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Harness Racing Communications
FRIENDS FIND SUCCESS BY POOLING RESOURCES AND GOING 'ALL IN'
After finding success in their first several ownership ventures, John Schwarz Jr. and some friends decided the time was right to up the ante. Stealing a phrase from poker, they went "all in." So far, it's proved to be all right. Schwarz, Richard Keys and Kristofer Heim -- the primary trio that makes up We're All In Racing -- have been enjoying the exploits of their newest Illinois-based stable since it formed near the end of 2004. Schwarz, who lives in the Chicago suburbs and is a foreign currency trader on the Mercantile Exchange, started putting together harness racing ownership syndicates in 2003.
"The first fund we started was called Open Outcry Harness, which was named after a system of trading," Schwarz said. "There were eight or nine people in the fund. Instead of buying AT&T or McDonald's, we buy horses."
In addition to Open Outcry Harness and We're All In Racing, the partnerships put together by Schwarz include No Cry Harness and Hat Trick Racing. The four "funds," which is how Schwarz looks at them, have totaled 147 wins, including 71 in 2005.
Schwarz's interest in racing blossomed during childhood, when he went go to the track with his late brother, Joey, and late father, John.
"My father was a $2 bettor," Schwarz, 38, said. "He never lost more than $10 or $20 at the track whenever we went. I remember he used to take my brother and me to the track on Thanksgiving; they had a 10 a.m. post time and we'd be back for dinner. I remember going on Friday nights and then going to have ice cream afterward. It was just a fun thing to go out there. I always wanted at some point in time to get more involved."
In the summer of 2001, Schwarz's brother was killed in an automobile accident involving a drunken driver. In time, Schwarz and his father turned to racing as a diversion.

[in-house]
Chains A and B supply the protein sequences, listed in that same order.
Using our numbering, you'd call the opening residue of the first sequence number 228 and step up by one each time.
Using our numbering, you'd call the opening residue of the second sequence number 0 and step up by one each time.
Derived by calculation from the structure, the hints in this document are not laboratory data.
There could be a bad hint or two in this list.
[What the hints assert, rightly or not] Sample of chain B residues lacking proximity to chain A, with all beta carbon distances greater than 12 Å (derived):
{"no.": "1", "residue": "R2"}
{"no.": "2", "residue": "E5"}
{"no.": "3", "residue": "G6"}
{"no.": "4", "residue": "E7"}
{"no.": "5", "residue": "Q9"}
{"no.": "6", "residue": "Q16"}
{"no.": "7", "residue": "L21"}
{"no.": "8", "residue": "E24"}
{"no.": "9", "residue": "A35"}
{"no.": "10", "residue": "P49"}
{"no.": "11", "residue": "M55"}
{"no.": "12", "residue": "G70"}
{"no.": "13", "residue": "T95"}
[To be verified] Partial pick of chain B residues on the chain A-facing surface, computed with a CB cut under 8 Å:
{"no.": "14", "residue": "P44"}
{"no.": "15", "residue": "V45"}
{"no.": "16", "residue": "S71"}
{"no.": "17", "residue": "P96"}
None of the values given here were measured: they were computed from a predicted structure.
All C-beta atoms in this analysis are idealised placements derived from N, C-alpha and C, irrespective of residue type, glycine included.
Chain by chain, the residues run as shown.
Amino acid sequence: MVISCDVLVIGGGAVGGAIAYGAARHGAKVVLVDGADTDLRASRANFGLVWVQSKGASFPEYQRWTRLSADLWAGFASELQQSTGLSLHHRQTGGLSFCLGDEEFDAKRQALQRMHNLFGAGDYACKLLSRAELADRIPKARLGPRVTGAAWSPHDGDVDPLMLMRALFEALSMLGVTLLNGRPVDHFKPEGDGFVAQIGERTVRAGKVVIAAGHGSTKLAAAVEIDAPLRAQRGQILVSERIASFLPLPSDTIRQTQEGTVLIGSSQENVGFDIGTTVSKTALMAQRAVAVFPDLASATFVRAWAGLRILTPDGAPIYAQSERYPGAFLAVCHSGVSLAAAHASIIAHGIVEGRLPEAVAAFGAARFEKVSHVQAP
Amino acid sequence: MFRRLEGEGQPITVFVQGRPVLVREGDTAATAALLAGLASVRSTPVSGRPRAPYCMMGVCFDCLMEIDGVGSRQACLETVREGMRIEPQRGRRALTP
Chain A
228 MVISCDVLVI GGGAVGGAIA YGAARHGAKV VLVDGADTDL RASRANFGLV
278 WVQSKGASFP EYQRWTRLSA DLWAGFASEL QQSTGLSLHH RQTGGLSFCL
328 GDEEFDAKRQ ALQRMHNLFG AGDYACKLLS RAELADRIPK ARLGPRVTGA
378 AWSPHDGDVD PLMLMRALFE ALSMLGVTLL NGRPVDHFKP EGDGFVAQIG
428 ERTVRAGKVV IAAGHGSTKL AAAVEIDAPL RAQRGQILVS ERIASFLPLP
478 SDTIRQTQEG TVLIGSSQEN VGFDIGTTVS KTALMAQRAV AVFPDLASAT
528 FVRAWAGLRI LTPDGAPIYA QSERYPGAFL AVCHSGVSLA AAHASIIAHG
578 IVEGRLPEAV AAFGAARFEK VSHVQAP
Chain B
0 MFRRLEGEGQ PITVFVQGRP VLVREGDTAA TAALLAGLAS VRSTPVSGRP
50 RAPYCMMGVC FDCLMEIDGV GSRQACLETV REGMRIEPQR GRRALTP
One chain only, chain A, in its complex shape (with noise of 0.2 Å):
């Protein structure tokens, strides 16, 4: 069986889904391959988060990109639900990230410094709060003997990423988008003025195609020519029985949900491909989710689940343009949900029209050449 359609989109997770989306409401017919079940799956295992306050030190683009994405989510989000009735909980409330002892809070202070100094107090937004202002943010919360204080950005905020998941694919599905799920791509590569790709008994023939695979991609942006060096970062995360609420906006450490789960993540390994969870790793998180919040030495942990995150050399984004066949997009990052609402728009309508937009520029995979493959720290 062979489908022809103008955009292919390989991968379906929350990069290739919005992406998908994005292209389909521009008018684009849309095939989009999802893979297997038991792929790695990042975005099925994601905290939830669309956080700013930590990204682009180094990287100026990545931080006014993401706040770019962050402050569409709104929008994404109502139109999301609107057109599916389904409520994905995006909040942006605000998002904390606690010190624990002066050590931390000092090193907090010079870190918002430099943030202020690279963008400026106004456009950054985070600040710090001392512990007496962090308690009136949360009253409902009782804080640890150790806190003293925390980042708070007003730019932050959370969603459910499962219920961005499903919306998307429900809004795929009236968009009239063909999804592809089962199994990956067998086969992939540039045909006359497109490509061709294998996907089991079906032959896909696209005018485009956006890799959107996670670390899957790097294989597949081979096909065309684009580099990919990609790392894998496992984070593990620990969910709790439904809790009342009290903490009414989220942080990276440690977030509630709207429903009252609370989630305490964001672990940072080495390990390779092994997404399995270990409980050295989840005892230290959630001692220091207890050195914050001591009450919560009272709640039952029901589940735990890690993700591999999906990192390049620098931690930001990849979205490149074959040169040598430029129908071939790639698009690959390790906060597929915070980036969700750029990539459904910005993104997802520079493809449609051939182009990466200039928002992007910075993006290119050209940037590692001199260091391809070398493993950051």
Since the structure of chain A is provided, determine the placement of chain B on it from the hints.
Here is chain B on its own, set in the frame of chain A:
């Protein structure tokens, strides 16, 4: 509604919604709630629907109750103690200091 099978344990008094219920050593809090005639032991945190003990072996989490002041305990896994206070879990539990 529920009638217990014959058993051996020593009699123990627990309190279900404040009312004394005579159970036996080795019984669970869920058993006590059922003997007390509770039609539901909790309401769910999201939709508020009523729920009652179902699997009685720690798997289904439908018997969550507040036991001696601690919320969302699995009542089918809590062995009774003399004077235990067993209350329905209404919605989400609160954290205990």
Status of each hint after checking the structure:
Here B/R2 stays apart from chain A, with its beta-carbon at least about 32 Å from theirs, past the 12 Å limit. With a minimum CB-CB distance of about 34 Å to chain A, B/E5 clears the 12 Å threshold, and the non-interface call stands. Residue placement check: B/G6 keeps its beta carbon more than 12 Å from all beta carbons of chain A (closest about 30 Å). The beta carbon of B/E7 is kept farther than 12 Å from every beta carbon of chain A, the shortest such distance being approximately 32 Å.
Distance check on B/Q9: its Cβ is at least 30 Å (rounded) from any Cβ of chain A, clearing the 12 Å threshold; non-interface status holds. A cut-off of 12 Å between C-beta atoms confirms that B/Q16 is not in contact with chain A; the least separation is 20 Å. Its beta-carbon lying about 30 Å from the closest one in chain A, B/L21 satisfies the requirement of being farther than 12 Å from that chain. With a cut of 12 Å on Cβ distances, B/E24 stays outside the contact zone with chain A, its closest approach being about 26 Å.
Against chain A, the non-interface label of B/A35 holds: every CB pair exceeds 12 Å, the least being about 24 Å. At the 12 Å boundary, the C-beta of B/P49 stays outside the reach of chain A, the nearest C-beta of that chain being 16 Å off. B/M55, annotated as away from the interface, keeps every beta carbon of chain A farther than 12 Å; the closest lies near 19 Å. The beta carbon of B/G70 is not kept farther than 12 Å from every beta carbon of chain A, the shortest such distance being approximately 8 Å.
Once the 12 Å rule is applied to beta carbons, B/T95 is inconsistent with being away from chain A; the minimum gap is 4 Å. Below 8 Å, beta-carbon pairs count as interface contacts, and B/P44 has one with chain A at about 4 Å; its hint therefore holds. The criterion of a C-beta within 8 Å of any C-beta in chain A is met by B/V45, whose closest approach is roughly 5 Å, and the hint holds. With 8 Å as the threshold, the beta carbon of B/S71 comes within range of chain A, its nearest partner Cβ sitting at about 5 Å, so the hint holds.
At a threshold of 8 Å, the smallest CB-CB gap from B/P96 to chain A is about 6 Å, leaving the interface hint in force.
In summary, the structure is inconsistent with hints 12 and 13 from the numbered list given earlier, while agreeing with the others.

"We'd gone through our lives without a scratch," Schwarz said. "Then some guy who had nine DUIs in three different states slammed into him on his way home from work. We were just a mess. The horse racing has helped to soothe some of those pains, but it's an everyday fight. I've gone the last five years without my best friend."
One of Schwarz's goals was to get his father to the winner's circle as an owner. They started by becoming Thoroughbred owners, but eventually turned to harness racing and started a business relationship with trainer Homer Hochstetler. On January 20, 2002, father and son stood in the winner's circle with pacer Foudroyant Filly at Balmoral Park.
"You always think about how you can give back to your parents," Schwarz said. "I wanted my dad to be a part of a racehorse. I was fortunate enough to make some monies that I could live my dream."
Schwarz knew he didn't have the money to get involved on a grander scale, so he came up with the idea for his partnerships, where a group of investors could pool their resources. His mother, Elvera, was among those involved in the first one. For the most recent fund -- We're All In Racing -- the investors contributed a total of $250,000, roughly double the amount from their previous groups. Their first purchase was a pacing mare named Young's Tower, who in 2005 won 15 of 30 starts and earned $117,302. The stable also includes Upitagain N, who made $68,189, and Yankee Lariat, who banked $61,369.
"We've done well, it's been really neat," Schwarz said. "We've generally focused on claimers; I like to buy them between $20,000 and $50,000. Now, with Young's Tower and some of the others, we have a few stakes-level and open horses. As soon as something appears to be not very good, we dump it. We've learned to be successful by taking losses. You can't get to the good horses unless you get rid of the bad stock, in our opinion."
Young's Tower, who was purchased privately for $55,000, provided Schwarz and his friends with their biggest purse victory to date by winning the $94,061 Michigan Parimutuel championship at Northville in 2004. She was set to try her luck against the top mares in the division in the 2005 Milton Stakes at Mohawk Racetrack, but was scratched sick. In November, she posted a win over Midnight Jewel, who has earned nearly three-quarter of a million dollars in her career, and then spent the final weeks of the season racing against the males.
Schwarz might give Young's Tower, who has been primarily trained by Rebekah Swinko, a chance at the Meadowlands Racetrack in the upcoming Cape & Cutter and Overbid series.
"We have two options, either racing at the Meadowlands or going to Canada and racing at Woodbine," Schwarz said. "I want to see her win a big race at Woodbine or the Meadowlands. She's traveled around, and I'd love to see her compete against the top mares. Right now, she's just grinding out a lot of money. The thing about her, the way she's won has been incredible. She's had some tough trips, but she's just a horse with so much heart. That's half the battle. You go to bed easy at night when you have one like her."
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